Since the Financial Crisis, there has been one constant in the capital markets – an accommodative central bank and low interest rates. Today those days are starting feel long in the tooth. The 10-year treasury crested past 3% in April and investors expect a more hawkish Fed president to move away from the easy money policies of his predecessors. But normalizing interest rates is no easy task. The US deficit is ballooning and treasury spreads are flat as a pancake.
HiddenLevers recently analyzed possible rising rate scenarios and the current state of the Federal Reserve. This post will summarize our potential good, bad and ugly outcomes for the US economy and Fed policy.
The Good: Old Normal
If Powell wants to keep the party going, a couple of things will need to go his way. First, the business cycle will need to continue another couple of innings. Continued GDP growth would pull up 10-year treasury yields, giving Powell the room to normalize rates and avoid the dreaded inverted yield curve. Make no mistake though, yield curve inversion is a symptom not a cause of recession. Areas outside of the Fed’s control will need to move in the right direction for painless interest rate normalization.
The Bad: 1987 Crash Repeat
We are closest to this scenario. If the Fed becomes aggressive with rate hikes and pierces the asset price bubble, fixed income would become more attractive, moving investors away from equities. The S&P would contract and GDP growth would decline. This is not a recession scenario (the economy is still growing), but there would be a correction in the equities market.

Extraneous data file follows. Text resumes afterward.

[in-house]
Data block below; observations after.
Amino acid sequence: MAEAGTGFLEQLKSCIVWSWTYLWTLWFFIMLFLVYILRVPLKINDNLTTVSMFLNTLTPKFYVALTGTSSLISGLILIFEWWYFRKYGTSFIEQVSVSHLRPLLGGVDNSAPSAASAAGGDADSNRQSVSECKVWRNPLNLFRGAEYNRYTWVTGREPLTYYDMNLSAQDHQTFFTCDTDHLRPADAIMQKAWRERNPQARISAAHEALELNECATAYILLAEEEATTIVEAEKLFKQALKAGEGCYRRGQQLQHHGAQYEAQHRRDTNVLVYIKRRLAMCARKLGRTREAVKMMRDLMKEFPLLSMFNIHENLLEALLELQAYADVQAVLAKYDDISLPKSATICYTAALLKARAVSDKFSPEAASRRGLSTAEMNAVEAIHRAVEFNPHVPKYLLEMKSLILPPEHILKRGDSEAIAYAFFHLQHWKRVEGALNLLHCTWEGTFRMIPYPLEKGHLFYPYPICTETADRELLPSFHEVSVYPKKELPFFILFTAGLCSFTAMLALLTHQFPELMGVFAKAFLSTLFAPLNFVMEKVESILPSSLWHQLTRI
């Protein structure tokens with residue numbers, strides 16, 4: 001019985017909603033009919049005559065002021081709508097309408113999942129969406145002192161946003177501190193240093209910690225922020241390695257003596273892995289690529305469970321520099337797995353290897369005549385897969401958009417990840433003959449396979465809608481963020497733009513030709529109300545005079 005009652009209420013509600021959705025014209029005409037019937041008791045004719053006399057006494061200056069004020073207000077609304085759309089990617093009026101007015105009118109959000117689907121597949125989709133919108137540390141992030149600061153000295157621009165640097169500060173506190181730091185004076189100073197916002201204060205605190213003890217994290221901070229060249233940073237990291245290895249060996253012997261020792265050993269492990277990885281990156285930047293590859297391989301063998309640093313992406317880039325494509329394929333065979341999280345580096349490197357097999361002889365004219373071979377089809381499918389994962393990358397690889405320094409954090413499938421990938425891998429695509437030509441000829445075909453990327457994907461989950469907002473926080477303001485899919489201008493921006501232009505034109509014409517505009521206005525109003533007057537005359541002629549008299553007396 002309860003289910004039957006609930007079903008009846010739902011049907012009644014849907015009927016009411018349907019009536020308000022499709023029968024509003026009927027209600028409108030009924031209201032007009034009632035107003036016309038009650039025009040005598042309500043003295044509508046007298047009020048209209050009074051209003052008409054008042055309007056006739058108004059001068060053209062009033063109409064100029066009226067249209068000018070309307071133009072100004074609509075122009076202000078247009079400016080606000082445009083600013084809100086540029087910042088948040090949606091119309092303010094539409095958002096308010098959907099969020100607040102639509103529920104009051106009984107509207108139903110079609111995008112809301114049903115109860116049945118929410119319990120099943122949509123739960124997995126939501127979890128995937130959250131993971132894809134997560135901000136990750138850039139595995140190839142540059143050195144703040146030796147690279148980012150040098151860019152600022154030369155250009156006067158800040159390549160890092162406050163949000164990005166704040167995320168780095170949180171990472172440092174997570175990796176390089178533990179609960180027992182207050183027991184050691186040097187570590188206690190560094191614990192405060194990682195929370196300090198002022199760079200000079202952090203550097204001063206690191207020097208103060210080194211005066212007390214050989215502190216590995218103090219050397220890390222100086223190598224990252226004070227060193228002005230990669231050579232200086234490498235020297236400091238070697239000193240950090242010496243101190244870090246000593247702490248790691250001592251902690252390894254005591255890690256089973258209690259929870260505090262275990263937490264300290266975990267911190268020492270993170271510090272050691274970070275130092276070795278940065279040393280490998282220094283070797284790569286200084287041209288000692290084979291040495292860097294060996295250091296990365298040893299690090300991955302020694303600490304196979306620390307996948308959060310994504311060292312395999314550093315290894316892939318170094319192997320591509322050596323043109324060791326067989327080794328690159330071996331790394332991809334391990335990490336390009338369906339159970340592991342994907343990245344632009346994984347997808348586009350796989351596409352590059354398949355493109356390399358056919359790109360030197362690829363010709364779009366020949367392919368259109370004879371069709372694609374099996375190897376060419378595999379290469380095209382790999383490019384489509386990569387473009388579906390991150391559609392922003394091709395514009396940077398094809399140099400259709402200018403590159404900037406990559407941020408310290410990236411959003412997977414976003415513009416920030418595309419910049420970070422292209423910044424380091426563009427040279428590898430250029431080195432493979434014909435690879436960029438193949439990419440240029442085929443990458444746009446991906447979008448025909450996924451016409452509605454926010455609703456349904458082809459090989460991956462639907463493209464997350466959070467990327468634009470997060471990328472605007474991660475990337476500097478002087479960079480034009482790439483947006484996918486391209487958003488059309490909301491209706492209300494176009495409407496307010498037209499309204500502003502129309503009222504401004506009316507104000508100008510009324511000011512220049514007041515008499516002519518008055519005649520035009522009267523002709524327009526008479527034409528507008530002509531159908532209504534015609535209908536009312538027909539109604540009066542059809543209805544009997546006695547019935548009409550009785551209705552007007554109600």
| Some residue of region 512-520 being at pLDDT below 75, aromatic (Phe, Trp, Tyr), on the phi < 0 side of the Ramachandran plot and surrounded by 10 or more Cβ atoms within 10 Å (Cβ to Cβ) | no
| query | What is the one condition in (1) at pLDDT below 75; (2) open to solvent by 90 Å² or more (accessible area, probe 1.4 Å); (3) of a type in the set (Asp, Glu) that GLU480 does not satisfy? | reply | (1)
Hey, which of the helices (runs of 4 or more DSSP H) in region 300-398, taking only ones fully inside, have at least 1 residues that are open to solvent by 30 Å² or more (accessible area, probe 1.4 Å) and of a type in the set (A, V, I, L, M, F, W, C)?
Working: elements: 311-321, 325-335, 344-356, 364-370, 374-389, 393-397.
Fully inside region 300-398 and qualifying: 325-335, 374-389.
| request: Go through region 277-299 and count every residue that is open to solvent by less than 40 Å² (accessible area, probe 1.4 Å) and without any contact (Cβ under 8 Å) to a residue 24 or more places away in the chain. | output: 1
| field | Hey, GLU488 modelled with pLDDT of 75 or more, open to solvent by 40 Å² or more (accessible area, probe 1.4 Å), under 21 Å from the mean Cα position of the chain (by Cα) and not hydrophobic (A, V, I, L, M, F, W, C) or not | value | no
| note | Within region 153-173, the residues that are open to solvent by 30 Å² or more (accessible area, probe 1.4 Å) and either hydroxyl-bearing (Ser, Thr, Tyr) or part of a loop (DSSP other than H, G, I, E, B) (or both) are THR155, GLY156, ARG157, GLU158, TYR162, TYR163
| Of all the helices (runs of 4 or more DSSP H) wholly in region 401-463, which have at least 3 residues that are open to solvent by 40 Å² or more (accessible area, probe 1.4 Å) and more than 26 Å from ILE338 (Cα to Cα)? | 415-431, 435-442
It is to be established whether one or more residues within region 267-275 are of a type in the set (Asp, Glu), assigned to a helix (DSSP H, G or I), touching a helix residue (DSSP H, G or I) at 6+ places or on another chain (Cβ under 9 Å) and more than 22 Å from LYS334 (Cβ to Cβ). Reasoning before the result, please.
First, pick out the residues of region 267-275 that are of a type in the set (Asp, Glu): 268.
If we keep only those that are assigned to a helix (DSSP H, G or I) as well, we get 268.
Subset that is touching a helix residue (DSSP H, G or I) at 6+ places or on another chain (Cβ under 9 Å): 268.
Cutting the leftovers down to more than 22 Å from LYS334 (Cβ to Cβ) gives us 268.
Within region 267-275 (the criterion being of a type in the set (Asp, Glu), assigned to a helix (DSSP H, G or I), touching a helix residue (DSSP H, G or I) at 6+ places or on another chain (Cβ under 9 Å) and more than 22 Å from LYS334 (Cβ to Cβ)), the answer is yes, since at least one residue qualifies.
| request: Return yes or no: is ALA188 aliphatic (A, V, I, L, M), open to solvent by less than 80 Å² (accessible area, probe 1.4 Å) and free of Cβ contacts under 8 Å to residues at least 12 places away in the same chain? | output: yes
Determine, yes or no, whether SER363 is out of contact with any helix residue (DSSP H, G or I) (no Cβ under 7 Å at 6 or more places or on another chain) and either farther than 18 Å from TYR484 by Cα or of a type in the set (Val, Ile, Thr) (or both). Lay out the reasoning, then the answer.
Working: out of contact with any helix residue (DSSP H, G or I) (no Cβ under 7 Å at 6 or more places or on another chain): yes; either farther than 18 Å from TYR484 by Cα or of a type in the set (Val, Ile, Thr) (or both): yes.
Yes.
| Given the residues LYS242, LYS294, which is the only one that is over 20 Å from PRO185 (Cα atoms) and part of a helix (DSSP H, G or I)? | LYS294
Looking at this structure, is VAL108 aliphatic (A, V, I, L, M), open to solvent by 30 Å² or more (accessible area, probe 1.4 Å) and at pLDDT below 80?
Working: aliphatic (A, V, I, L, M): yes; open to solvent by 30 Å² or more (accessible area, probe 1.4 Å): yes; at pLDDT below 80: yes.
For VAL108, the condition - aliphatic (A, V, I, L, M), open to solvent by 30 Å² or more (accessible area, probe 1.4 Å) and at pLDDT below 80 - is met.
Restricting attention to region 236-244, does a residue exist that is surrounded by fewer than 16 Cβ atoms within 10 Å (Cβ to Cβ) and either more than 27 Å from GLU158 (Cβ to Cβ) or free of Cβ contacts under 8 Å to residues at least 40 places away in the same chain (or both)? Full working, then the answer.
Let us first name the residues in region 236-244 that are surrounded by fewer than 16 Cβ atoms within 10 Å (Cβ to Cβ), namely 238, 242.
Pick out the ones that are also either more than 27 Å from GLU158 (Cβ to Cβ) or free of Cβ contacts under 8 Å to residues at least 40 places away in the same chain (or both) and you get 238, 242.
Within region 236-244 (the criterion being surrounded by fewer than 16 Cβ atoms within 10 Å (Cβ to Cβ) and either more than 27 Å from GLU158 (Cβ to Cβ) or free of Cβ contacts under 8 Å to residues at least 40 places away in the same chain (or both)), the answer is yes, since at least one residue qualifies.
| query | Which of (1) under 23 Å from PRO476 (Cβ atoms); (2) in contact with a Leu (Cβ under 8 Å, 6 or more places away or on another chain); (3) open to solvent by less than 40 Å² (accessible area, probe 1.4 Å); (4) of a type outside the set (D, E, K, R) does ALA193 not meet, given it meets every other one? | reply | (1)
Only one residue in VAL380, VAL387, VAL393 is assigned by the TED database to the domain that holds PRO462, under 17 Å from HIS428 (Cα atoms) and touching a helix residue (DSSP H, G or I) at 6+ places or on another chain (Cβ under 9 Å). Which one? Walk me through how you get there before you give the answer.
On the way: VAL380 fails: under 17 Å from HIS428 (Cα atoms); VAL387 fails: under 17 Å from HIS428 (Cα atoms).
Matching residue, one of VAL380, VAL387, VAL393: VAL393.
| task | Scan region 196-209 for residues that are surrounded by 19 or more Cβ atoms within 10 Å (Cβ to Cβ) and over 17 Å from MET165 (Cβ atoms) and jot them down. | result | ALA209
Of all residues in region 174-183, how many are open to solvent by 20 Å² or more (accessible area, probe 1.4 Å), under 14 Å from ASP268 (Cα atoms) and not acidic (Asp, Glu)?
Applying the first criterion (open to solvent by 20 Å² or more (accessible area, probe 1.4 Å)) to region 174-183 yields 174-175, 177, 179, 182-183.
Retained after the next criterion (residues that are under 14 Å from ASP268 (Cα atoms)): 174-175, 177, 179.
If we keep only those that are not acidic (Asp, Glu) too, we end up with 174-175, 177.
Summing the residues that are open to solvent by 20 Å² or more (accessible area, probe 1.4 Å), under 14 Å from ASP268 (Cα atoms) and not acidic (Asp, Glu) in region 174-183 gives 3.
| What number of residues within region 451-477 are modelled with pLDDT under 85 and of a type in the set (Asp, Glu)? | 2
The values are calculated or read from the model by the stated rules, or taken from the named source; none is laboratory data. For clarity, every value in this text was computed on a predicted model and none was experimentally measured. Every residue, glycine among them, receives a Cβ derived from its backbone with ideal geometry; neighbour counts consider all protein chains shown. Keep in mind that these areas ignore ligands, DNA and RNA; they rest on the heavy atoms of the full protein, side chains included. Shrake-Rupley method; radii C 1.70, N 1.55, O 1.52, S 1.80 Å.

The Ugly: Inverted 2/10 Yields
If Powell elects to continue hiking the short end of the yield curve and economic growth stagnates we could see a yield curve inversion. This is a bearish signal, and research supports that yield curve inversion is a near perfect predictor of future recession. In this scenario expect negative GDP growth and a steep decline in the equity market.
How far away are we from this scenario? Right now, the spread between 2 and 10 year Treasuries is around 50 basis points. This means if the Fed were intent on even two rate hikes for the remainder of the year, this would bring us to a flat or possibly inverted yield curve. With little room to move, these rate hikes would bring us closer to a possible market correction.
Rising Rates with no inflation?
You might think there is something missing from our analysis, after all the Fed’s mandate is to meet inflation and unemployment targets. There is little doubt the US has reached full employment, but why would the Fed raise rates if inflation remains muted? With the New Fed Hawks led by Jerome Powell there’s a heavy assumption there will be strong GDP growth and naturally inflation will follow. Powell may be correct, recent news shows evidence of accelerating consumer prices. Expect Powell to take the Fed’s target of 2% inflation seriously and raise rates more aggressively in anticipation of inflation.
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